[Python-Dev] Python 3 design principles

Ron Adam rrr at ronadam.com
Thu Sep 1 23:00:51 CEST 2005

Reinhold Birkenfeld wrote:
> Greg Ewing wrote:
>>Charles Cazabon wrote:
>>>Perhaps py3k could have a py2compat module.  Importing it could have the
>>>effect of (for instance) putting compile, id, and intern into the global
>>>namespace, making print an alias for writeln,
>>There's no way importing a module could add something that
>>works like the old print statement, unless some serious
>>magic is going on...
> You'd have to enclose print arguments in parentheses. Of course, the "trailing
> comma" form would be lost.
> Reinhold

The trailing comma is convenient, but I don't think it's that big of a 
deal to have two methods.

    ui.writeln()   # or ui.print()

I'm +1 on making it a method of a "user interface object".  Not just a 

I want to be able to import an interface, then communicate to it in a 
consistent way even though it may look quite different on the screen. 
Having a set of standard io methods moves in that direction I think.

    import console
    ui = console()
    ui.write("Hello World\n")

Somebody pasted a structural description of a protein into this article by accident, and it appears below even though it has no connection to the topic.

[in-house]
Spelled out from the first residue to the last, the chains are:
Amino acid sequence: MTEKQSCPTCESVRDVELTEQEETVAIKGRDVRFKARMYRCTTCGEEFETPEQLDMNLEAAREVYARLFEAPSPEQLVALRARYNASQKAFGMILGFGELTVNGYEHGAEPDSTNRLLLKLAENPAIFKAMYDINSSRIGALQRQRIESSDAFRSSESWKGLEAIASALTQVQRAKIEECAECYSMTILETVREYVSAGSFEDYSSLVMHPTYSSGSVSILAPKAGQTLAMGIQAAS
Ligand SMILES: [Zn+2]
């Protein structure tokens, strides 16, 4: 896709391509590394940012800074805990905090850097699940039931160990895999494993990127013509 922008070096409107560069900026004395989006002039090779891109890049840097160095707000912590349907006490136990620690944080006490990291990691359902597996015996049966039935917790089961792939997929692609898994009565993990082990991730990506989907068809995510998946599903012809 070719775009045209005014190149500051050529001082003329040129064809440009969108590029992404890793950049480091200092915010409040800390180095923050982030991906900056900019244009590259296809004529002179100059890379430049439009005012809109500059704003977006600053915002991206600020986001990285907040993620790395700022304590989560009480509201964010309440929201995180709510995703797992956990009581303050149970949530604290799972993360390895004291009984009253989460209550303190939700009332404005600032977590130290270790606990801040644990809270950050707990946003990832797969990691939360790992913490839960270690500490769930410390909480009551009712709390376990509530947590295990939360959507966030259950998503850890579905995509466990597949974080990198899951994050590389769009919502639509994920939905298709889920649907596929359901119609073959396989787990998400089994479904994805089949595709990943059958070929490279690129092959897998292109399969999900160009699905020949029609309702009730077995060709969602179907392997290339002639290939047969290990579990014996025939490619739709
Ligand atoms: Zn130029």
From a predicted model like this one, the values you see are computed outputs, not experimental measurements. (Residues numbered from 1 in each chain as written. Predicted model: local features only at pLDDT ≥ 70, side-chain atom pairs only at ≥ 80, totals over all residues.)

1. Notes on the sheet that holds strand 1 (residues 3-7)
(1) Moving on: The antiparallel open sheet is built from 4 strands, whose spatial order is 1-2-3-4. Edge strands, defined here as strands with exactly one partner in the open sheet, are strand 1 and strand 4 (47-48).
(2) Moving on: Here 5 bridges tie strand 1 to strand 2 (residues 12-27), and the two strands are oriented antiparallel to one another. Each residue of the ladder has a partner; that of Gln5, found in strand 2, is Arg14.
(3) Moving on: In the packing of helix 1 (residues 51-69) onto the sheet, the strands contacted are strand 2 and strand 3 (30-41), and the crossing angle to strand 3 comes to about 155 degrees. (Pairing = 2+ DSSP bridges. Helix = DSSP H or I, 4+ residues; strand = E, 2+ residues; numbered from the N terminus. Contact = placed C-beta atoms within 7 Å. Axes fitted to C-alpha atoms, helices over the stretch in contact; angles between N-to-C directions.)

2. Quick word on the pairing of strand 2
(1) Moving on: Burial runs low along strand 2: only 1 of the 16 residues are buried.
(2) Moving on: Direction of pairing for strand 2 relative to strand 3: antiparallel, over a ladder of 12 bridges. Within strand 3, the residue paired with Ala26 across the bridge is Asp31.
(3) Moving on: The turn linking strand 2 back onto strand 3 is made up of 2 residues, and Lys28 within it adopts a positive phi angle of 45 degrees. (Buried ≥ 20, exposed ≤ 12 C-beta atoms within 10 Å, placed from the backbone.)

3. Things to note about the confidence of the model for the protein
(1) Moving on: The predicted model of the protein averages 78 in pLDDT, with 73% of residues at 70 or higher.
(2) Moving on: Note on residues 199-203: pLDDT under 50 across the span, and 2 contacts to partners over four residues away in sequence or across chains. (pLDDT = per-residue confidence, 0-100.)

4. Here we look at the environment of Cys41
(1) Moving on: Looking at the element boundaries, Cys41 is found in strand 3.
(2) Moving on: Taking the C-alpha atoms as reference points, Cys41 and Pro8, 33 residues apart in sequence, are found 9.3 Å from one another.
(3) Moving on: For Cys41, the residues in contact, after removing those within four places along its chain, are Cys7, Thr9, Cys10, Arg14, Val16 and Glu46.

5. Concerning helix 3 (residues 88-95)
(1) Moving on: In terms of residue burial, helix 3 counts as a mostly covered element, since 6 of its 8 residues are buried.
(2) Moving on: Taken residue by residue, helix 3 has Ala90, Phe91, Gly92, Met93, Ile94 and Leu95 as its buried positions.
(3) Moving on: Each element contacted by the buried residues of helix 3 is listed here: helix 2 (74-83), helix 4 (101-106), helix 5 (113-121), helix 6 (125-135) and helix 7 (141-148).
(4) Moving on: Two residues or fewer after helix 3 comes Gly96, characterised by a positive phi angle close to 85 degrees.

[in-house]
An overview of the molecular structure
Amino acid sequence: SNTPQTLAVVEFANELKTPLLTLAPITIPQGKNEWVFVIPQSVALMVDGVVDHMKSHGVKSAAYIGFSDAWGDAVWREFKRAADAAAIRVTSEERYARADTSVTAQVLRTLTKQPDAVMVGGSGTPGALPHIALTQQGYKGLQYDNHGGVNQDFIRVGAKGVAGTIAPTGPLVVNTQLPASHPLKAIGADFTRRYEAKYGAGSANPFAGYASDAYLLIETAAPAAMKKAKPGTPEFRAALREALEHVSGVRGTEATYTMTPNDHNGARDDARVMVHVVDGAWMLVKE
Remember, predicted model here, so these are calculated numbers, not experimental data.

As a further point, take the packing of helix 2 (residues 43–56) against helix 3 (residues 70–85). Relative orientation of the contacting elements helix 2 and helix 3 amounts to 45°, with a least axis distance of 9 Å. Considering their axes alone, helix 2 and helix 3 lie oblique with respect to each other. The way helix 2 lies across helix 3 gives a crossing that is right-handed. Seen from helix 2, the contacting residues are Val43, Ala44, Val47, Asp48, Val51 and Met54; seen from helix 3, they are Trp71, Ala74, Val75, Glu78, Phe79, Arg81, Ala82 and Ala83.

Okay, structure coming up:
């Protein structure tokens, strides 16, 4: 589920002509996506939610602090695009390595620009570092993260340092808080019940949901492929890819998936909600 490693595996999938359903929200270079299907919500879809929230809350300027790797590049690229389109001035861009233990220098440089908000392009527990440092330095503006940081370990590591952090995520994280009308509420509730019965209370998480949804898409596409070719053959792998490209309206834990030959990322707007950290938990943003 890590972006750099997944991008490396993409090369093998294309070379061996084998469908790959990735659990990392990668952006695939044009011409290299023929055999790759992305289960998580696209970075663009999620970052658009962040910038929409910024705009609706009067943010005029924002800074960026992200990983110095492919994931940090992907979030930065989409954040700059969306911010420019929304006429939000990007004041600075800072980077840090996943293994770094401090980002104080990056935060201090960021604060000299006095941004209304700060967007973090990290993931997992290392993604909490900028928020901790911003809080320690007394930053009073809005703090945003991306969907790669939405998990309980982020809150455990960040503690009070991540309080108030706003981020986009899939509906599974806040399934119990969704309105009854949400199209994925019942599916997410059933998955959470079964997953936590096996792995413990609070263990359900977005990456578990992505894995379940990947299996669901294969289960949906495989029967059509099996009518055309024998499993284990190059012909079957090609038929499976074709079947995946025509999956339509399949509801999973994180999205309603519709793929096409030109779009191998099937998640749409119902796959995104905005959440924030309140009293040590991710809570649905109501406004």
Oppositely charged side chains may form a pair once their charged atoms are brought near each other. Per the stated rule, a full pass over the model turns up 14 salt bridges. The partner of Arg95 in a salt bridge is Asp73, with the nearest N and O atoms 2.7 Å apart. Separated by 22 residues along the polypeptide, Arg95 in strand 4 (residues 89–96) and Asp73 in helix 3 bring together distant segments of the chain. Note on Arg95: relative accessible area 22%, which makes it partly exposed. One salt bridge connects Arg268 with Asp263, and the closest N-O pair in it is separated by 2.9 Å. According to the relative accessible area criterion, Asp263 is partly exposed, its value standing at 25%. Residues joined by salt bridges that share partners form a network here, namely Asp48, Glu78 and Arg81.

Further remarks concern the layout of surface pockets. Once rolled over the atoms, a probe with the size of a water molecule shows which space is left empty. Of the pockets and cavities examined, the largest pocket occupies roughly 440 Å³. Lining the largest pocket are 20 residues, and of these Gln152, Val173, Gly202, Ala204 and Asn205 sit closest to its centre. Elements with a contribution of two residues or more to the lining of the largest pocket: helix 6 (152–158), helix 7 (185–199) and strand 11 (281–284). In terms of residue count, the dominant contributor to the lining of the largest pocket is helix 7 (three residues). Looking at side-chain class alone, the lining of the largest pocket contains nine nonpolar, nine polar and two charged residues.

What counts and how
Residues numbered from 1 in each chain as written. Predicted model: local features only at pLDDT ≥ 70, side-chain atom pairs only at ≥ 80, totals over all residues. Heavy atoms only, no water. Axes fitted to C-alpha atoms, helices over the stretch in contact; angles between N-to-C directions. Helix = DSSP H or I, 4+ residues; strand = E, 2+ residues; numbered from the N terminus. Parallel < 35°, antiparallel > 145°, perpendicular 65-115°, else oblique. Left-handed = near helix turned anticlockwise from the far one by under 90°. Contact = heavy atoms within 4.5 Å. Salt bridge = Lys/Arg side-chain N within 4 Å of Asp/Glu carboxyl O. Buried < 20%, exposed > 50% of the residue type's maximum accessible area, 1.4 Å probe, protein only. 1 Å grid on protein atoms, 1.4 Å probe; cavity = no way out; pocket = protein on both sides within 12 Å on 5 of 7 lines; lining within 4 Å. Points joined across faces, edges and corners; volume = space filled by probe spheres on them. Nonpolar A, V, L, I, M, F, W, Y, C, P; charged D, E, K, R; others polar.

howami = ui.input("How are you today? %s")

    import popup
    ui = popup('YesNo')              # Create a 'YesNo' popup.
    ok = ui.input('Ok to proceed?')  # Open it and wait for it.
    ok2 = ui.input('Are you sure?')  # Reopen it and reuse it.
    if ok == ok2 == 'Yes':

Some possible common methods...

    ui.write(data)    # non blocking print/output, doesn't wait
    ui.send()         # non echo write; passwords, config, etc..
    ui.input(prompt)  # output something and wait for return value
    ui.get()          # non echo wait for value, or io.next()
    ui.read()         # non blocking get

As for functions without '()'s. (Just a thought) You could use '<<' or 
'<<<' (or other symbol) as a way to move data between objects.

    ui.write <<< 'Hello World/n'      #  ui.write('Hello World/n')

    ui.writeln <<< counter            #  ui.writeln(counter.next())

    ok = ui.input <<< 'press a key:'  # ok = ui.input('press a key:')

The requirement could be that the item on the left is a callable, and 
the item on the right is a sequence or generator.


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